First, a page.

God Knows Best: Don’t Alter Torah
Rabbi Moshe Ben-Chaim
A friend asked the following:
Deuteronomy 4:2 says, “You shall not add anything to what I command you or take anything away from it.” Ibn Ezra comments: “You shall not add on your own and think that it is in the service of God…similarly you shall not diminish.” The question is on Ibn Ezra’s word “similarly”: how is detracting laws from Torah similar to adding laws? Meaning, it is understandable that by adding—although prohibited—one wishes to increase his worship of God. But it is counterintuitive to suggest that detracting laws is being equally religious, as you’re doing “less” than what God asked.
But perhaps quantity is not the issue. One thinks that by adding, one is faithfully worshipping God, as he’s being “more religious.” But we can reject this: whether one adds or subtracts, he can equally feel he is serving God. How so? The crime of adding to Torah is in assuming one’s subjective man-made system equates to God's will…that “devotion” to God is more important than formal adherence to mechanical laws. (This was Korach’s flawed argument.) Therefore, not only via adding, but even via a detraction can be construed as true service. For even through subtracting, one can think that lesser and easier laws enhances worshipping God. For example, one feels justified permitting car travel to temple on Sabbath, as opposed to missing temple and abstaining from violating (fuel) ignition on Sabbath. This is how subtracting is similar to adding. Both adding and subtracting assume one follows God’s will. But that is impossible. Ibn Ezra’s words “don’t think that it is in the service of God” emphasize this very point, that we must not guess what God wants.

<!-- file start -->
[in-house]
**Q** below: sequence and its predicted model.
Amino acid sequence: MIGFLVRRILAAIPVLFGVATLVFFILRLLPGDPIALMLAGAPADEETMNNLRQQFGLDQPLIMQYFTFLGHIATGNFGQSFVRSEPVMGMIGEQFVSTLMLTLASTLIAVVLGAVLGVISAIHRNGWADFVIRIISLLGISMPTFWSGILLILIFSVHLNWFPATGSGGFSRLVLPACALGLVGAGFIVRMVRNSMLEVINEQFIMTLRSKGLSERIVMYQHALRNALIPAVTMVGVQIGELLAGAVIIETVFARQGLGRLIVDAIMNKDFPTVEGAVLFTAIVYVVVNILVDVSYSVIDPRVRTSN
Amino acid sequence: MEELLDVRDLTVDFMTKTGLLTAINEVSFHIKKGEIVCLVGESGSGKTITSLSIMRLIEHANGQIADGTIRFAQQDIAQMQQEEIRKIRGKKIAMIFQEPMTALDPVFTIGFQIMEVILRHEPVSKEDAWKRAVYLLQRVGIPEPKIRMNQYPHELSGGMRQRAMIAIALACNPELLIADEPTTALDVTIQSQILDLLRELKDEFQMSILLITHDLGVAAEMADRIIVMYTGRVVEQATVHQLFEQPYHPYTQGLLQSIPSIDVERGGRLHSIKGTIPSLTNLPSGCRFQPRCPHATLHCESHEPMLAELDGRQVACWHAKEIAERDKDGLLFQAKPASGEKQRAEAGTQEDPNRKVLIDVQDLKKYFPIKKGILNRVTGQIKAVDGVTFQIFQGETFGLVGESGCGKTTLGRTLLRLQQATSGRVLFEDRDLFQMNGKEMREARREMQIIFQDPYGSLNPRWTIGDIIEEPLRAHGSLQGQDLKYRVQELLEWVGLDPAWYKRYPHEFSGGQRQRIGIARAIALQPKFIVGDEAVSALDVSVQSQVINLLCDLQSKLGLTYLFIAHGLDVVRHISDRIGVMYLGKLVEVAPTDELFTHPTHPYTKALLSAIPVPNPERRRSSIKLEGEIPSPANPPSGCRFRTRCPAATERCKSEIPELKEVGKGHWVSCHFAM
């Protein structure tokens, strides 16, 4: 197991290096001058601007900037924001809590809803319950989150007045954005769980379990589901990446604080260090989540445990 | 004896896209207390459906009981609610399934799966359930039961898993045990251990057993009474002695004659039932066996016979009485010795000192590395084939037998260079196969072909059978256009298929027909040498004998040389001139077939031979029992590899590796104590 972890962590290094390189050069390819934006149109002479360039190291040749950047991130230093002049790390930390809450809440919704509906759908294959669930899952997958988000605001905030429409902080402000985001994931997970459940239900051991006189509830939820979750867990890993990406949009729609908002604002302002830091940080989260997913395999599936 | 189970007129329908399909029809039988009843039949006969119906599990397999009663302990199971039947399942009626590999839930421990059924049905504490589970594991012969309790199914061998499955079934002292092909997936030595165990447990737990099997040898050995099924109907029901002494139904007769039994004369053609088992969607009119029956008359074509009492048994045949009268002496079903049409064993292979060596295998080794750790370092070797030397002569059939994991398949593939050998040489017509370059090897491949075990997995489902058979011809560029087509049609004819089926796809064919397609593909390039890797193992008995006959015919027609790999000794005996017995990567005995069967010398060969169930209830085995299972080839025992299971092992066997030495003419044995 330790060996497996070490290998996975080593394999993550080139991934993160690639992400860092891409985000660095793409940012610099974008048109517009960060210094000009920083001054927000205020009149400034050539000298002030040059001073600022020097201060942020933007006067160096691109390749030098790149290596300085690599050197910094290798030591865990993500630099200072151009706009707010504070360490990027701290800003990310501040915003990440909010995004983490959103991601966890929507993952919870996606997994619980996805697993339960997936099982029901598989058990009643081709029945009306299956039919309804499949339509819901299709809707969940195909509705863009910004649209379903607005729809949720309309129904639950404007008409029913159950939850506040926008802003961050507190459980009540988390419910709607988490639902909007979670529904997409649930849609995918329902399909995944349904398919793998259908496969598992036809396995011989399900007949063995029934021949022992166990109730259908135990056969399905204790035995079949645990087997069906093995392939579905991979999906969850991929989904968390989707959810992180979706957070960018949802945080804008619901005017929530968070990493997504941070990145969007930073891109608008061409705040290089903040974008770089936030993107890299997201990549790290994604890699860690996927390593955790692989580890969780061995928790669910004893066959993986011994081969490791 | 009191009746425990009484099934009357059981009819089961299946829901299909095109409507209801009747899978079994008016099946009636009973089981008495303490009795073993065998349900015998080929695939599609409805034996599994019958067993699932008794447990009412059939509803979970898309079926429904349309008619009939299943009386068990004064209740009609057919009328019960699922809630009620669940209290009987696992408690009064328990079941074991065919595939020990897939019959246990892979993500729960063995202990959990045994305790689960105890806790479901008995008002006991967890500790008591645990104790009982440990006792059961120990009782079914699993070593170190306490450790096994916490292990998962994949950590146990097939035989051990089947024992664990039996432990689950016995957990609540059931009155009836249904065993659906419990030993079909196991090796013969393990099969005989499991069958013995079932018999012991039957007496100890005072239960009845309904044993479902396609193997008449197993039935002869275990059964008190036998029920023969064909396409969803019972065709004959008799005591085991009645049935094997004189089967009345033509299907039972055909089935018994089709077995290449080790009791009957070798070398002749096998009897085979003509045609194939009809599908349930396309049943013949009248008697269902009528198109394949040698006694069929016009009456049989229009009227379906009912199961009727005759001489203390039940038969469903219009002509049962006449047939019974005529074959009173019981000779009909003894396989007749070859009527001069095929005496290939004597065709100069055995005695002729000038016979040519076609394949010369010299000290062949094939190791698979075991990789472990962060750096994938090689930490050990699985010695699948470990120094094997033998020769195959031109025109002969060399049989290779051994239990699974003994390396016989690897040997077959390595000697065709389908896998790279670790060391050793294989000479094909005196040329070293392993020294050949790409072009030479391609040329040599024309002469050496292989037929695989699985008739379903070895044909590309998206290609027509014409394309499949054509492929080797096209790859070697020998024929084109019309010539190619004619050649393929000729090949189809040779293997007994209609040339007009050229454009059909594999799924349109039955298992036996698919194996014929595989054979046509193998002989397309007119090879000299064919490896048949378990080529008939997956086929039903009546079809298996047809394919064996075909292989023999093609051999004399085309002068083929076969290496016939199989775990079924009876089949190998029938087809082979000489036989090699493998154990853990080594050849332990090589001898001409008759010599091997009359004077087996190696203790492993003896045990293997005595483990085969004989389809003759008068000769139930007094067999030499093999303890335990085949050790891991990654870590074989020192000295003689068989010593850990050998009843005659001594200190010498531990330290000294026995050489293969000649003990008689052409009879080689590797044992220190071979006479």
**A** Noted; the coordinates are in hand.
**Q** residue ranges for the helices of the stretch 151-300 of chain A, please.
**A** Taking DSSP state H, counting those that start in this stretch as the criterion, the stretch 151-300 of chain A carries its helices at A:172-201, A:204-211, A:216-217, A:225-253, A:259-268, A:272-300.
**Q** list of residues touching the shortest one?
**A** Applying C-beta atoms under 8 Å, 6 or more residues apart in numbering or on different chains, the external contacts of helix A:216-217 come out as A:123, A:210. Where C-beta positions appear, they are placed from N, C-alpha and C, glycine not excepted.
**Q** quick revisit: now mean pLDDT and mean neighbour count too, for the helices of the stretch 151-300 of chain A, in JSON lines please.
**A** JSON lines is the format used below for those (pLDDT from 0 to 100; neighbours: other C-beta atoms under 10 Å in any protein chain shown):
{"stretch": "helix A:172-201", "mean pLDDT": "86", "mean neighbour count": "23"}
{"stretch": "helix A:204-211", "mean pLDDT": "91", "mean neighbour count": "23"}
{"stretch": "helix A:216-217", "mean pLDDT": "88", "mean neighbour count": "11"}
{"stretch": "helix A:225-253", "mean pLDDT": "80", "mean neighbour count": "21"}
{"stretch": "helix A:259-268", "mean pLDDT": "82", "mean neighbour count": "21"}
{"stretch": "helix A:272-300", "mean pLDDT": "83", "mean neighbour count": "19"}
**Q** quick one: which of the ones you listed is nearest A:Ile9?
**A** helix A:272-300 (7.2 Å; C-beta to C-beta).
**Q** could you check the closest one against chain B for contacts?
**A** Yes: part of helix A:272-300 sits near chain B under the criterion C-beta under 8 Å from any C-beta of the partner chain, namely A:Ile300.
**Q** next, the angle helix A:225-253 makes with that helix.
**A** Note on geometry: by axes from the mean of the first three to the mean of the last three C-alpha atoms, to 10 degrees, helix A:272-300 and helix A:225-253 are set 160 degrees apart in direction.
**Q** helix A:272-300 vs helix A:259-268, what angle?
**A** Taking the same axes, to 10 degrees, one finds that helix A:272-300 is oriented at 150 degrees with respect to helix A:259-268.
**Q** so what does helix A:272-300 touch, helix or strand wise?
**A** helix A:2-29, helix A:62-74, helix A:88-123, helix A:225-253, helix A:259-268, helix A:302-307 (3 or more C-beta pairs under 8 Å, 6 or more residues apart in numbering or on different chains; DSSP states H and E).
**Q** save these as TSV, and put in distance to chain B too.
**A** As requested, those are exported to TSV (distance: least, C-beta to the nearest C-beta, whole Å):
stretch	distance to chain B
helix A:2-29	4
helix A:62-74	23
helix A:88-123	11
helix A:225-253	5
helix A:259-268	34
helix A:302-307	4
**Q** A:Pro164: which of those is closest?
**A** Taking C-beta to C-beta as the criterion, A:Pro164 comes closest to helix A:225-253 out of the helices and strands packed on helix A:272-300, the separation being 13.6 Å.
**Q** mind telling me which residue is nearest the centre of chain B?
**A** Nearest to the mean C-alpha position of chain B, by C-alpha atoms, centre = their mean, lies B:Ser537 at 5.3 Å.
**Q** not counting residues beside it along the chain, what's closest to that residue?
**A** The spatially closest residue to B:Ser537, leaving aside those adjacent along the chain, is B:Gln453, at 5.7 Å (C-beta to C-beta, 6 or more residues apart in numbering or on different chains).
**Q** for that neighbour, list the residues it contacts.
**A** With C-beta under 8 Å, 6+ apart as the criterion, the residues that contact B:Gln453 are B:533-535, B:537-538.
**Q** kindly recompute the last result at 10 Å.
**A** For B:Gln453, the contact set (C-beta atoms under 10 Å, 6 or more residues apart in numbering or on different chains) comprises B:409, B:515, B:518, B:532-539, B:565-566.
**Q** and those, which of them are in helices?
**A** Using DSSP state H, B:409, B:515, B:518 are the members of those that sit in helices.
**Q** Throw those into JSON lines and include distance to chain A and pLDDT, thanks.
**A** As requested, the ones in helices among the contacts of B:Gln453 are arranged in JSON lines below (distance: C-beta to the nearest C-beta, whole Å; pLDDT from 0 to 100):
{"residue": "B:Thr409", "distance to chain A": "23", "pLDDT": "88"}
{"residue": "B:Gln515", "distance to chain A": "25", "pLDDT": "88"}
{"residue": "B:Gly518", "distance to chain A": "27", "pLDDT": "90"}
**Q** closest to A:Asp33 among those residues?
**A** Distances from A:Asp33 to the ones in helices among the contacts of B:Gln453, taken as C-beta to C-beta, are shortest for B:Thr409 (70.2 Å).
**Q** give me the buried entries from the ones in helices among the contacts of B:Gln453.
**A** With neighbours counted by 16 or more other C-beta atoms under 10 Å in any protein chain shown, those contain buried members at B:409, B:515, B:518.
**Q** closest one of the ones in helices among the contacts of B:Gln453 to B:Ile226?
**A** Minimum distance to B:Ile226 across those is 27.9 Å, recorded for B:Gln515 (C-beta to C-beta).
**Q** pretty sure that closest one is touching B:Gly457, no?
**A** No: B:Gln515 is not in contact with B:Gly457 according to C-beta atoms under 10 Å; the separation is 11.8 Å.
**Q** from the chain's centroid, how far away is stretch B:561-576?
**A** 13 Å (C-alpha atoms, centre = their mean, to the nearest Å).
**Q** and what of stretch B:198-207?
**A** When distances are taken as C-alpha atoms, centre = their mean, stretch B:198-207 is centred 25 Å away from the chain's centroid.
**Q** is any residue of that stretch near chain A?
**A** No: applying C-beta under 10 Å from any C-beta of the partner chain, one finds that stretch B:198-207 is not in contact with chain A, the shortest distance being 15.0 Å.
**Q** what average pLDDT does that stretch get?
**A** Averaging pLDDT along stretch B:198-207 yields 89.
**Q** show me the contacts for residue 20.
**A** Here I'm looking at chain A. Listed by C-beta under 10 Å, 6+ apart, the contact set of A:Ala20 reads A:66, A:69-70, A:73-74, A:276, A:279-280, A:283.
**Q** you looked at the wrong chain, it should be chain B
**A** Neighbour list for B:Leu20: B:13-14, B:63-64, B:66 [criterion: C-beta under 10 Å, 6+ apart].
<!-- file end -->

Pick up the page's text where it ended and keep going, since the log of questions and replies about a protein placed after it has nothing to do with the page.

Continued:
From here we must explore what causes this corrupt thought. How does a person justify this? It's similar to this verse: “And it will be when you hear the words of this curse (for Torah violations) that you will bless (defend) your heart saying that you will have peace (I won't be cursed) because I am going in the direction of my heart” (Deut.29:18). One’s ego and self confidence, teamed with one’s “religious emotions” deceive one into believing he is fulfilling God’s will. Throughout the millennia man’s religious emotion has justified his atrocities like Crusades, pogroms, and the Holocaust. How many innocents have been slaughtered because their oppressors felt they were divinely inspired and that their religions were the only true religions and all must follow or die? This might be a gross example, but adding and subtracting from Torah shares the germ of religious justification.